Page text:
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State Pythagoras theorem.

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Hint: This theorem is generally used with triangles possessing an ${{90}^{\circ }}$ angle at one of its vertices, and the side present opposite to that angle is called Hypotenuse while remaining are either base or height.

“Complete step-by-step answer:”
Here, we have a theorem which is a fundamental relation in Euclidean geometry among the three sides of a right triangle called Pythagoras’ theorem stated as,
It states that, “The area of the square whose side is the hypotenuse is equal to the sum of the areas of the squares on the other two sides”.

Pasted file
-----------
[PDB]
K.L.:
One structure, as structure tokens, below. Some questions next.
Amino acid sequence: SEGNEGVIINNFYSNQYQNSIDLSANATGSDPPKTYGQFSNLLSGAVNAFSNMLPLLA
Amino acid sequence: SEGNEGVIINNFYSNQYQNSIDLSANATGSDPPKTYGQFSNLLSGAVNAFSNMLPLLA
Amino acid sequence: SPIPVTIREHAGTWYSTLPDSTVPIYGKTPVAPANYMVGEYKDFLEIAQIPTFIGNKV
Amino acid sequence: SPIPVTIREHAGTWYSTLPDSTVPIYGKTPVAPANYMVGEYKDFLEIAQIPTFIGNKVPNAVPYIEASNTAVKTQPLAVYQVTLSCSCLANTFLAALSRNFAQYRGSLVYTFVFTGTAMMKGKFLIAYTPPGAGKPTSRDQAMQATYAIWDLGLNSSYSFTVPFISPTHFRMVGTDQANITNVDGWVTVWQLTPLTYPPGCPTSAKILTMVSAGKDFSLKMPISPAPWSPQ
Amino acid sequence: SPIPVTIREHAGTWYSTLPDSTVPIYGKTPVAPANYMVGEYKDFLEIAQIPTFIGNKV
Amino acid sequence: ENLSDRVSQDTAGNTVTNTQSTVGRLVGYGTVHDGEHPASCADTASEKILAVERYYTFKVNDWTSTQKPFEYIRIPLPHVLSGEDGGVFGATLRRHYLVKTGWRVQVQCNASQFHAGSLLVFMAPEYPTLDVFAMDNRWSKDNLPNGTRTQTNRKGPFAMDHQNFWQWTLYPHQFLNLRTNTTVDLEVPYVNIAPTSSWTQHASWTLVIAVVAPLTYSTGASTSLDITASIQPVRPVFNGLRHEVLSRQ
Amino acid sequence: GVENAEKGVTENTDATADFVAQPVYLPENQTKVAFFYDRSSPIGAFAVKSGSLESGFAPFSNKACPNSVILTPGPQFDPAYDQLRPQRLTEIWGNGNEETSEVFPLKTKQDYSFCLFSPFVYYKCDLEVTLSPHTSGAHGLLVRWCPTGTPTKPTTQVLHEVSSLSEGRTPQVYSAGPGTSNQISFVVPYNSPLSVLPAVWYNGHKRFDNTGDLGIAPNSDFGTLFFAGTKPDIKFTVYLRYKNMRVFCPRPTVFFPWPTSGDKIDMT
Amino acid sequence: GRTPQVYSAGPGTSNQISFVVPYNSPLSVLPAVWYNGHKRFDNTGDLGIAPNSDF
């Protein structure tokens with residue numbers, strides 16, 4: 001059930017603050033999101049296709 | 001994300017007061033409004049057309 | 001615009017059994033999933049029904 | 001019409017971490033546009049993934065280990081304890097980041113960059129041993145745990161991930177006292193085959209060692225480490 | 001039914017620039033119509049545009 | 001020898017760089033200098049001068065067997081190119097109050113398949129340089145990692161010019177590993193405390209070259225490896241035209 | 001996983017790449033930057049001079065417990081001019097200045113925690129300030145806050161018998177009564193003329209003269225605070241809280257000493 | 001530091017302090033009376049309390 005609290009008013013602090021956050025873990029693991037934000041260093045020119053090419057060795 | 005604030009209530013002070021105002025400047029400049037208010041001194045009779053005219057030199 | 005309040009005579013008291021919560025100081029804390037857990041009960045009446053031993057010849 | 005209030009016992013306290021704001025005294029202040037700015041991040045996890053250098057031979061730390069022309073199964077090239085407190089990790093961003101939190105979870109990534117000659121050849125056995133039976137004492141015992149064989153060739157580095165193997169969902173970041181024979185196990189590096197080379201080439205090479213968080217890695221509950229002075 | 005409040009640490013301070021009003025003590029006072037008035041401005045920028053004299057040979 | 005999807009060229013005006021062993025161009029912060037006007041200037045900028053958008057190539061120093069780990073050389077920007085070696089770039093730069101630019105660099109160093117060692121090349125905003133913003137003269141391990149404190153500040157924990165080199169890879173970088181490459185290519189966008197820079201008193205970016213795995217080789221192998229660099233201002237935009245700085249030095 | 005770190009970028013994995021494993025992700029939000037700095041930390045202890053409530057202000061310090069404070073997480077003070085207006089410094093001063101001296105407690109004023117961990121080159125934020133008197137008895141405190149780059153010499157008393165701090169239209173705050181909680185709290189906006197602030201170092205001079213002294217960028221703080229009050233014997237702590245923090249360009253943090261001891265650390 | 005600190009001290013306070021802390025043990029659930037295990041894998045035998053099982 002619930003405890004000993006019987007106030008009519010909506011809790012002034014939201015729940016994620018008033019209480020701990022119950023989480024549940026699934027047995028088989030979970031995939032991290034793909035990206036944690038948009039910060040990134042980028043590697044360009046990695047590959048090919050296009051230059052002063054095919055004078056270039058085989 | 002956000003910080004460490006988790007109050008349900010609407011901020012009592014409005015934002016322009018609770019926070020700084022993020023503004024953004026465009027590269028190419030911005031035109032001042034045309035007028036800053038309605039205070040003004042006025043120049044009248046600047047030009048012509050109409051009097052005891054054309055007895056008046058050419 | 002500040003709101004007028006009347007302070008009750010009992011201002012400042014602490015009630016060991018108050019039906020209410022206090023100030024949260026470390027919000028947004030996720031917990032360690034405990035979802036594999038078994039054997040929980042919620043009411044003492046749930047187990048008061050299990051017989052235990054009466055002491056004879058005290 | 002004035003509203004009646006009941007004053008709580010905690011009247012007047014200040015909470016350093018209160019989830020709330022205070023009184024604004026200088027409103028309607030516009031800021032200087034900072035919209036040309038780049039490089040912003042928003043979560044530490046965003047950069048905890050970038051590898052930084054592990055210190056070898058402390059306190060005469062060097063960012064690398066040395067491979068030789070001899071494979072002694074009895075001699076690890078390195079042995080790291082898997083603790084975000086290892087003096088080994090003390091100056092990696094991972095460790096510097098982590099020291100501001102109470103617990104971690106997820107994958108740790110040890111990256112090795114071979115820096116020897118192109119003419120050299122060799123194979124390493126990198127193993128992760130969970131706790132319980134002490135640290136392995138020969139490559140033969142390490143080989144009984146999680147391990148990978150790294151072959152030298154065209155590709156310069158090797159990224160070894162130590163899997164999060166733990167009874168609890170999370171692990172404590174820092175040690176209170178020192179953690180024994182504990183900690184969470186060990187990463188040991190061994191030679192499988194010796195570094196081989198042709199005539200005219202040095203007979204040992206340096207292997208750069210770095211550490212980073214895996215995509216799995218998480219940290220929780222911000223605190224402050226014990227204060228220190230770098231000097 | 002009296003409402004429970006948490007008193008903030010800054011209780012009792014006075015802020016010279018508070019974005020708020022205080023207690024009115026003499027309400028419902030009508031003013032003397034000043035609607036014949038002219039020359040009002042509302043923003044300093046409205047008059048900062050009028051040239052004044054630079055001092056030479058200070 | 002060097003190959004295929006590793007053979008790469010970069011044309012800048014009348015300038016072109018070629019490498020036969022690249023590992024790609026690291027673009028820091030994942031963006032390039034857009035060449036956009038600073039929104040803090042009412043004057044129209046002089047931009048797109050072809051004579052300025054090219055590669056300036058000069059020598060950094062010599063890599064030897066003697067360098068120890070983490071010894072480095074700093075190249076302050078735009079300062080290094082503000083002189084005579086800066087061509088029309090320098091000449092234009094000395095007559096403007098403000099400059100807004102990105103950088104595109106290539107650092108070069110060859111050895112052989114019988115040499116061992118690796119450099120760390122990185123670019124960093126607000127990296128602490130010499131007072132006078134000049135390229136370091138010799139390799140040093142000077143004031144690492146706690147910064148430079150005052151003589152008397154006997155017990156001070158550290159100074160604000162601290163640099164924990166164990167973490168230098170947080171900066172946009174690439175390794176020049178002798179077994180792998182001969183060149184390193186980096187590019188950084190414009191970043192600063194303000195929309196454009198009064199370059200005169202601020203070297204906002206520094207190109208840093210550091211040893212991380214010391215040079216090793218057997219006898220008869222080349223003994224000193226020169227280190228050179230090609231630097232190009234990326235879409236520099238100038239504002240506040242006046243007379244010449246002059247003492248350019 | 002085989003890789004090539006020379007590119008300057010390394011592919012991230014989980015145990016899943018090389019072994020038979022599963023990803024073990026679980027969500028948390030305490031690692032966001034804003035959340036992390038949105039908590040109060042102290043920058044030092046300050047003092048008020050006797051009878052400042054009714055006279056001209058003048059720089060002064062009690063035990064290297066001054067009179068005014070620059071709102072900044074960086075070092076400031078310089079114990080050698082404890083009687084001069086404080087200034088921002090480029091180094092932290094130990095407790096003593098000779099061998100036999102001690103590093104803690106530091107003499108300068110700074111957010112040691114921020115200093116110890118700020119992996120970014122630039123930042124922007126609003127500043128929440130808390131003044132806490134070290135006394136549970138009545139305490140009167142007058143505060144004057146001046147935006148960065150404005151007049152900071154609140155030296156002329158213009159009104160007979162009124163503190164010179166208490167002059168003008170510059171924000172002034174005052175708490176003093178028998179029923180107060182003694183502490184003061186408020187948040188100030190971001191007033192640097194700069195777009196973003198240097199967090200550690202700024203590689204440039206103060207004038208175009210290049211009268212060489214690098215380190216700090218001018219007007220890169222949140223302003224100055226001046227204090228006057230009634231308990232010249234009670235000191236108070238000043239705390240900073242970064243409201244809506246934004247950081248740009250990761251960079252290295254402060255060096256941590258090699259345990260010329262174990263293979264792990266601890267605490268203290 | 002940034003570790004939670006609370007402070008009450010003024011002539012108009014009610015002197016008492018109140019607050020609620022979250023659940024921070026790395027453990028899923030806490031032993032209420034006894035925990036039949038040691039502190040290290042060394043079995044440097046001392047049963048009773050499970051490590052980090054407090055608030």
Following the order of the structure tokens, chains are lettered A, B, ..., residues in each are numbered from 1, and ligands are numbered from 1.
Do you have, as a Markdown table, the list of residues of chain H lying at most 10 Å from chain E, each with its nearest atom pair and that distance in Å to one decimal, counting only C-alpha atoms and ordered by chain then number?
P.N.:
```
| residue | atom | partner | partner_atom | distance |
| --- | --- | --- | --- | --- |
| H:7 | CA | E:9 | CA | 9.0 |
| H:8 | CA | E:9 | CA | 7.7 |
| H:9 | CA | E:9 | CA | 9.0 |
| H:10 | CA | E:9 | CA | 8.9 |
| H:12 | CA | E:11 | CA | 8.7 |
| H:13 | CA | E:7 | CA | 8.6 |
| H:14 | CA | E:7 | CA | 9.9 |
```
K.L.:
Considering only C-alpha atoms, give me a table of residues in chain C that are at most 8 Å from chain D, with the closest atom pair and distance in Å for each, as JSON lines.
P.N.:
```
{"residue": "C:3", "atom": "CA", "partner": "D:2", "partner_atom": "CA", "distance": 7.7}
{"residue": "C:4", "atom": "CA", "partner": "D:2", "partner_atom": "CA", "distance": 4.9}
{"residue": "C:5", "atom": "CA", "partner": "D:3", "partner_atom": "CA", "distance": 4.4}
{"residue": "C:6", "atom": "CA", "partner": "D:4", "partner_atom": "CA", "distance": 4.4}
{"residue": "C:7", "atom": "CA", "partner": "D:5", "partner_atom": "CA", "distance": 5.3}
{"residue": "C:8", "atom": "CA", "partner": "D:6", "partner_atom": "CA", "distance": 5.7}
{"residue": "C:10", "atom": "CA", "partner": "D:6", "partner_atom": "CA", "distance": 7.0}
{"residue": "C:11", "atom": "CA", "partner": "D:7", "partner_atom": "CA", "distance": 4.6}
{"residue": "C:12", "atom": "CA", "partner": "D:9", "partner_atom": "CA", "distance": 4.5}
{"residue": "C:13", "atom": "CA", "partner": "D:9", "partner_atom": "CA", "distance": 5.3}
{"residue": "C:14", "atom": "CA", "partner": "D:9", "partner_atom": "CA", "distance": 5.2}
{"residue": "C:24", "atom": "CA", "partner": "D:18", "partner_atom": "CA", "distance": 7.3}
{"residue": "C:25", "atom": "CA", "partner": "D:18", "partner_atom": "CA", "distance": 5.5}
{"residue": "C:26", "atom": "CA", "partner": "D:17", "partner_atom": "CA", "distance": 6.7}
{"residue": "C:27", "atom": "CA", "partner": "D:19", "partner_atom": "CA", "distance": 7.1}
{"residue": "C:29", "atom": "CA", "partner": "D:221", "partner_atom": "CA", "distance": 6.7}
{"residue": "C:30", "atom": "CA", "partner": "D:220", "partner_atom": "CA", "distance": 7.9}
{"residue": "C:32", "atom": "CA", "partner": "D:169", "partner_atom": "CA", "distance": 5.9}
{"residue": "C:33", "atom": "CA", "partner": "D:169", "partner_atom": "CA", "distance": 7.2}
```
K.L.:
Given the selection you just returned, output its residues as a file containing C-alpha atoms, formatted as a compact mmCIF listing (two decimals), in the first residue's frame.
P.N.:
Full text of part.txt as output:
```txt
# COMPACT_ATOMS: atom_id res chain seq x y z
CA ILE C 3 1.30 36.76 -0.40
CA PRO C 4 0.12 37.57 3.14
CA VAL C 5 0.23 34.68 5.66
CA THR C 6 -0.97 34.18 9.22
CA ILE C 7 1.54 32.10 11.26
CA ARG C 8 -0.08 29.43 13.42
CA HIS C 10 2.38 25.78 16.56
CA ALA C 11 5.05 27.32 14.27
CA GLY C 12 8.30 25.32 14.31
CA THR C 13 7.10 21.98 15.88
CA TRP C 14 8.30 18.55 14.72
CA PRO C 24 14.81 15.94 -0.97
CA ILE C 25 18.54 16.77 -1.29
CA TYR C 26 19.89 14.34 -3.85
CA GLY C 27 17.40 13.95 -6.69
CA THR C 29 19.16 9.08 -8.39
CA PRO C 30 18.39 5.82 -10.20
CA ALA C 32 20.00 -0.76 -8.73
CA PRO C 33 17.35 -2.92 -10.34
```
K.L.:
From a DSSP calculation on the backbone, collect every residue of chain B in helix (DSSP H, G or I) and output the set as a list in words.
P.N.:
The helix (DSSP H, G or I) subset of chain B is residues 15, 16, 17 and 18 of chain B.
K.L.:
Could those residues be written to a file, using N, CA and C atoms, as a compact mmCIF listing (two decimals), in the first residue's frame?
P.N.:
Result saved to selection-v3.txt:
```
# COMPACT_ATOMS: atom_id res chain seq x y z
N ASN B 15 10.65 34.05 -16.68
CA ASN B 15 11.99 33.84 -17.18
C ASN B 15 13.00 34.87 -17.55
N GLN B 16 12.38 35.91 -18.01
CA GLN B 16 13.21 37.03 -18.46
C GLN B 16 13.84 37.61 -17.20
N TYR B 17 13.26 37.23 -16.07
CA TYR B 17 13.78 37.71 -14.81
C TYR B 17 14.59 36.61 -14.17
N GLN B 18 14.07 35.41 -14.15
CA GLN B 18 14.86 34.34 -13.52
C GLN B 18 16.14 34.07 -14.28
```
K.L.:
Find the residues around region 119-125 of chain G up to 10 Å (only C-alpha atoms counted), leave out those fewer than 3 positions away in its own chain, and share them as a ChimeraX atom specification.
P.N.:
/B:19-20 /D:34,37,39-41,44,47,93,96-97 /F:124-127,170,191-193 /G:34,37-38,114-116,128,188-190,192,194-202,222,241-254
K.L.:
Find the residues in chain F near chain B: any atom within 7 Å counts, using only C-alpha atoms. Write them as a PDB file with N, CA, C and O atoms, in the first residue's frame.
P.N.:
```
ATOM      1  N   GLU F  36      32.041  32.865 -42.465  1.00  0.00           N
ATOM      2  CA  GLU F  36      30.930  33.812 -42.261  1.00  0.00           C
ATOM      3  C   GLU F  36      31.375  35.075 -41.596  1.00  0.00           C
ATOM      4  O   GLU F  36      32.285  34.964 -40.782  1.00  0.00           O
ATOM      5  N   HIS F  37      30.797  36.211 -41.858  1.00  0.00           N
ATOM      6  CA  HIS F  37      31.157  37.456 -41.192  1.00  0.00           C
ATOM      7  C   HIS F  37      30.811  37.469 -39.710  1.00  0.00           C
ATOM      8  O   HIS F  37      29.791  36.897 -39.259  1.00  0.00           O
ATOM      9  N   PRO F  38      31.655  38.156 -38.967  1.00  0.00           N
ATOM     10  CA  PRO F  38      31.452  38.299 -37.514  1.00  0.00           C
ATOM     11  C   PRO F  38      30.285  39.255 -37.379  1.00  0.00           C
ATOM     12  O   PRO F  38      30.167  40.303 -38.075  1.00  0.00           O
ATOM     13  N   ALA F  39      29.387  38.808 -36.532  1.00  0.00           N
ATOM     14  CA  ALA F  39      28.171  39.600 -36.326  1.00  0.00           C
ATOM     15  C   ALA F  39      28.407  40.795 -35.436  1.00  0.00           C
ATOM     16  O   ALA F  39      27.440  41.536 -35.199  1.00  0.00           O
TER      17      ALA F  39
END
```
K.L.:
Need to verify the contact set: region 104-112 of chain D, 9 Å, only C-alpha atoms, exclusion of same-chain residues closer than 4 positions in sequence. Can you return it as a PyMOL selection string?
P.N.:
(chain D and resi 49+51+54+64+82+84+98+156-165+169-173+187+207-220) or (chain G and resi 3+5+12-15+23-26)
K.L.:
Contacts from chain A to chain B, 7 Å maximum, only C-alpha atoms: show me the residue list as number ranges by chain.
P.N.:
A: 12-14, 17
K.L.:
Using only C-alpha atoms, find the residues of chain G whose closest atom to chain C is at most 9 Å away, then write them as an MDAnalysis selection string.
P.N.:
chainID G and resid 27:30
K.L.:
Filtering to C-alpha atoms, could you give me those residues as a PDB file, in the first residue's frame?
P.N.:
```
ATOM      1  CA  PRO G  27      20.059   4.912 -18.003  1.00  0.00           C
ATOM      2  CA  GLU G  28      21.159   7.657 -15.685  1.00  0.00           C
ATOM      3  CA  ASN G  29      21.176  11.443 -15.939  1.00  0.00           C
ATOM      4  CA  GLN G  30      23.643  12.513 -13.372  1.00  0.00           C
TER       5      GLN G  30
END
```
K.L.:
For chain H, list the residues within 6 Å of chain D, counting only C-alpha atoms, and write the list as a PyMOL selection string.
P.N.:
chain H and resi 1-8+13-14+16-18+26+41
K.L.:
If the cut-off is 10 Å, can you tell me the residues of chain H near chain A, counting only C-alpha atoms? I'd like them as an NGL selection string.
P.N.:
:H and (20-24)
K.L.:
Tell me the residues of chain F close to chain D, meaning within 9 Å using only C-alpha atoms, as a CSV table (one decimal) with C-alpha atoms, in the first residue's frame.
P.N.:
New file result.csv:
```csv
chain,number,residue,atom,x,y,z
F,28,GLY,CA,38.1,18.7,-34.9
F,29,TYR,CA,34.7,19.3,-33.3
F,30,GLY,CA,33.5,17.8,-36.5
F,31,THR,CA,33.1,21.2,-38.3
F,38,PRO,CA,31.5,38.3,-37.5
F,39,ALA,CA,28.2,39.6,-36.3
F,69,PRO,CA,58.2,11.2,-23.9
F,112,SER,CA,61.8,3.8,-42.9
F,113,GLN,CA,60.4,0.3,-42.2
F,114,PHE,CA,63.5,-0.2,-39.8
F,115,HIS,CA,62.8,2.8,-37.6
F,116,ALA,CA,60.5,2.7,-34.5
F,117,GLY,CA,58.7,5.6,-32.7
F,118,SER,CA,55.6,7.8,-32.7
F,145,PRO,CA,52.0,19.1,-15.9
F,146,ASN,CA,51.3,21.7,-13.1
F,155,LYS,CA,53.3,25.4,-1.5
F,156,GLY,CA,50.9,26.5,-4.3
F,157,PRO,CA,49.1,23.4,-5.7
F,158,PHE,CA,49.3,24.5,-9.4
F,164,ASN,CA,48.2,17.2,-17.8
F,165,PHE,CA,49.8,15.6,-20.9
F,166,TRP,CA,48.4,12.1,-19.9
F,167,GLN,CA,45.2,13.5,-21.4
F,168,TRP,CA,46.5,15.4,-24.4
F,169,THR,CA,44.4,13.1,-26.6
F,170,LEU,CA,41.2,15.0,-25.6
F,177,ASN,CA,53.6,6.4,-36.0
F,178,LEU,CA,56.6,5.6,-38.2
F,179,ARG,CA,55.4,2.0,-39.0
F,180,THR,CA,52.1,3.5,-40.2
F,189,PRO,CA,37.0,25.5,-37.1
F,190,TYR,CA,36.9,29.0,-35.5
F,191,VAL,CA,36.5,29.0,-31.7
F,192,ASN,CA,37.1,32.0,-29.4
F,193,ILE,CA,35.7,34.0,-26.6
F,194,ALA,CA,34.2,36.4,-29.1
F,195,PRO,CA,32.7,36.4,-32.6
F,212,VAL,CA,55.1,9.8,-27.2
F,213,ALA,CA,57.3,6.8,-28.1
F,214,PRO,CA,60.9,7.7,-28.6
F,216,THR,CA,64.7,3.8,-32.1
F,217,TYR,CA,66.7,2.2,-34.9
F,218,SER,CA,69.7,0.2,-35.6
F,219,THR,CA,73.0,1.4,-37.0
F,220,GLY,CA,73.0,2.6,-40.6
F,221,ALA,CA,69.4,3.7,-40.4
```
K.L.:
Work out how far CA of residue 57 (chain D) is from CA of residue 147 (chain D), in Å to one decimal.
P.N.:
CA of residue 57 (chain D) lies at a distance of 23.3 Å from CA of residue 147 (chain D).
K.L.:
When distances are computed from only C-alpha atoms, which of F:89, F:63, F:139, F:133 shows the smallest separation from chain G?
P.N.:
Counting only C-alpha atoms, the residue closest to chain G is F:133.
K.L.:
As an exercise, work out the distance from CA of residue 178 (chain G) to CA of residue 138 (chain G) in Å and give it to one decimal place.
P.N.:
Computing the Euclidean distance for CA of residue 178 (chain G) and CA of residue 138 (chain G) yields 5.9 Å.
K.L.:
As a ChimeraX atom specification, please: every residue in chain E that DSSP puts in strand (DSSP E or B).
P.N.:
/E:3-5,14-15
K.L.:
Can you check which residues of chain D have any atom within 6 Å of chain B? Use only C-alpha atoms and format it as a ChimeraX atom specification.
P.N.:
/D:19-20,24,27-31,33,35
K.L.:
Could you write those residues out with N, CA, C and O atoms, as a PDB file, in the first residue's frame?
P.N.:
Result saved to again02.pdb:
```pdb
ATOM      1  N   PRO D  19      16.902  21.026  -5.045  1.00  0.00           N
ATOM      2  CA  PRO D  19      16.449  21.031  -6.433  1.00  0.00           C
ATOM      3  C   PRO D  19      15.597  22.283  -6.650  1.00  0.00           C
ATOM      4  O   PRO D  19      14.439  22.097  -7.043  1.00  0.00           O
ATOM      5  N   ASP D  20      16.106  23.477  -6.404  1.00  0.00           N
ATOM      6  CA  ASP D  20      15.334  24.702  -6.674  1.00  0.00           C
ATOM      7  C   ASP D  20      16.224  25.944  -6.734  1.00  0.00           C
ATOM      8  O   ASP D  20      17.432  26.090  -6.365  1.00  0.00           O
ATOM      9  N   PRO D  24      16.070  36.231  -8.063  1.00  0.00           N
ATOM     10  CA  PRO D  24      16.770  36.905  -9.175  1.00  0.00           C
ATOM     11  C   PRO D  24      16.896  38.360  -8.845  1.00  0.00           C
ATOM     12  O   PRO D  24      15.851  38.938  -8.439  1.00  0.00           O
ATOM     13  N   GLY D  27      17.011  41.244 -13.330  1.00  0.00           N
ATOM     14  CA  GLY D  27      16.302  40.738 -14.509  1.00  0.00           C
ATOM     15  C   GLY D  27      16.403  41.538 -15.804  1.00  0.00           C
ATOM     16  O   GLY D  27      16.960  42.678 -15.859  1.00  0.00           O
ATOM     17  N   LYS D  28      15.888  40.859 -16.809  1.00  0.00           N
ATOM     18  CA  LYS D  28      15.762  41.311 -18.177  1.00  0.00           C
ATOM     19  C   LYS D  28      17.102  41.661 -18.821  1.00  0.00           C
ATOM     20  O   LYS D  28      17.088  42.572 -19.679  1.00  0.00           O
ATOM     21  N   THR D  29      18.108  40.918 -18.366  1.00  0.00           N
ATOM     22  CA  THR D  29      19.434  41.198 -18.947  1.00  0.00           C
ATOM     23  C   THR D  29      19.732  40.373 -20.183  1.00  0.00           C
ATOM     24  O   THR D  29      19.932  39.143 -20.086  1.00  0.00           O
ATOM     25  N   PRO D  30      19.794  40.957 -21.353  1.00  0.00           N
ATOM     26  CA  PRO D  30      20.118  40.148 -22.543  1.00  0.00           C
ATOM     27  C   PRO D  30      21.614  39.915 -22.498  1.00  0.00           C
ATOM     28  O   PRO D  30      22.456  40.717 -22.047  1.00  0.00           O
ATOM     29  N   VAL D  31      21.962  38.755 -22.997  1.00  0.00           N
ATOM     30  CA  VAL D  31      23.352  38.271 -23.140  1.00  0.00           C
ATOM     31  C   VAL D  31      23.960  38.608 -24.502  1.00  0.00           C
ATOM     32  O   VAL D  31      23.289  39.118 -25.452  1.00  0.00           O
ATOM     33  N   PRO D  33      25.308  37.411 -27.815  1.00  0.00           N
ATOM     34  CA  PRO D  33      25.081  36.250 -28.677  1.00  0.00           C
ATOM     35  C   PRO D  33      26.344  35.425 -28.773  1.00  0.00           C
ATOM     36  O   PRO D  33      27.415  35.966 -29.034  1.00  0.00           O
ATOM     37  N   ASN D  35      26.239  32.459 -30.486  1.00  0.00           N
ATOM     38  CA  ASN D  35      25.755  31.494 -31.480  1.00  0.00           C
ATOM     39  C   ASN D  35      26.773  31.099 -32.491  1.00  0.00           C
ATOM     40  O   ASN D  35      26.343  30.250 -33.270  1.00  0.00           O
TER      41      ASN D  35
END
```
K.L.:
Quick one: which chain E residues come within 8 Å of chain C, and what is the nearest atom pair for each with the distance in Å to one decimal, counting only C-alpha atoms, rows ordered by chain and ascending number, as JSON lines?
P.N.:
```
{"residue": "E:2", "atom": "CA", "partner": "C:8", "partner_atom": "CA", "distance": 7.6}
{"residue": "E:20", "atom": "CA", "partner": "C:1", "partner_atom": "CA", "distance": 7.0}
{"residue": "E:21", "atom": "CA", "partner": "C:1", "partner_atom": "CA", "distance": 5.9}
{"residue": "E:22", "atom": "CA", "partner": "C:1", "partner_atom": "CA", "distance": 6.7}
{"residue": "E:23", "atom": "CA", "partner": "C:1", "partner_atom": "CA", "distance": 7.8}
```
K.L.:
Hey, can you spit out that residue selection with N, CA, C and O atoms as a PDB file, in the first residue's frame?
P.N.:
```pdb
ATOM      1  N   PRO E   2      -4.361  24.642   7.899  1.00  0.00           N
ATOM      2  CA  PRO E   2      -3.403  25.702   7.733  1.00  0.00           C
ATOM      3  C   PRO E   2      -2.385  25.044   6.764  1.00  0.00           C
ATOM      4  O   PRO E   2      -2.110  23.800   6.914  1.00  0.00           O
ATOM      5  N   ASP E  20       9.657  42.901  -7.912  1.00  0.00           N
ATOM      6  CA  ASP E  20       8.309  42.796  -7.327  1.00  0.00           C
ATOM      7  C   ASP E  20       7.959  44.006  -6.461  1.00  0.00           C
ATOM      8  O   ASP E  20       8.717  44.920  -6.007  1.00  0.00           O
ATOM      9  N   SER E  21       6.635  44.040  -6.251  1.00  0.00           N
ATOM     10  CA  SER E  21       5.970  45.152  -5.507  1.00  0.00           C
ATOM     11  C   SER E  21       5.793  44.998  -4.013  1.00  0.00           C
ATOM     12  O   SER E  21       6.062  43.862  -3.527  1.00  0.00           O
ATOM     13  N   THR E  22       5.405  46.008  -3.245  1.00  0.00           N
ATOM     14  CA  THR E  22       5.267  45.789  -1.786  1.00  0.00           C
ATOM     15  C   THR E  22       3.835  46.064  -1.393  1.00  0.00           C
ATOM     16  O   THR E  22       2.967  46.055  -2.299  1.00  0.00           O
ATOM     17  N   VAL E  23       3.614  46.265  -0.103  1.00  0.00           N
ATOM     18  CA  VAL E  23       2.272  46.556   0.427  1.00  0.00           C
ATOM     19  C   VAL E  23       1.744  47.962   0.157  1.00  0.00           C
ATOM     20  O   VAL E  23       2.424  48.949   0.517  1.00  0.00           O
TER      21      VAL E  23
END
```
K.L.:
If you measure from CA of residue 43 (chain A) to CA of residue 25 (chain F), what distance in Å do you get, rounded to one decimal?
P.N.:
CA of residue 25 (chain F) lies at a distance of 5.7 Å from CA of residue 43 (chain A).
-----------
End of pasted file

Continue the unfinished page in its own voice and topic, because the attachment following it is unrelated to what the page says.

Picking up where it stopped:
This theorem can be written as an equation taking lengths of the sides of those squares as $a$ ,$b$ and $c$ respectively i.e.

Here, as per the theorem,
Square 1 has side length = $a$; while square 2 has side length = $b$; and square 3 has side length = $c$, thus, the area of the square whose side is the hypotenuse ($a$) is equal to the sum of the areas of the squares on the other two sides ($b$) and ($c$), i.e.,
\[\Rightarrow {{a}^{2}}={{b}^{2}}+{{c}^{2}}...\text{ }\left( 1 \right)\],
Where,
$a$ = side $AB$= Hypotenuse;
$b$= side $AC$= Perpendicular;
$c$= side $BC$= Base;
and $\angle ACB={{90}^{\circ }}$.
Hence, as per the Pythagoras’ theorem for a triangle consisting of a right angle from equation (1) is
${{a}^{2}}={{b}^{2}}+{{c}^{2}}$

Note: Important point to keep in mind here is the proper selection of hypotenuse. As we know that Pythagoras’ theorem is not generally applied in any triangle but with a triangle consisting of ${{90}^{\circ }}$ angle. And hypotenuse is always a side opposite to that right-angled vertex of a triangle.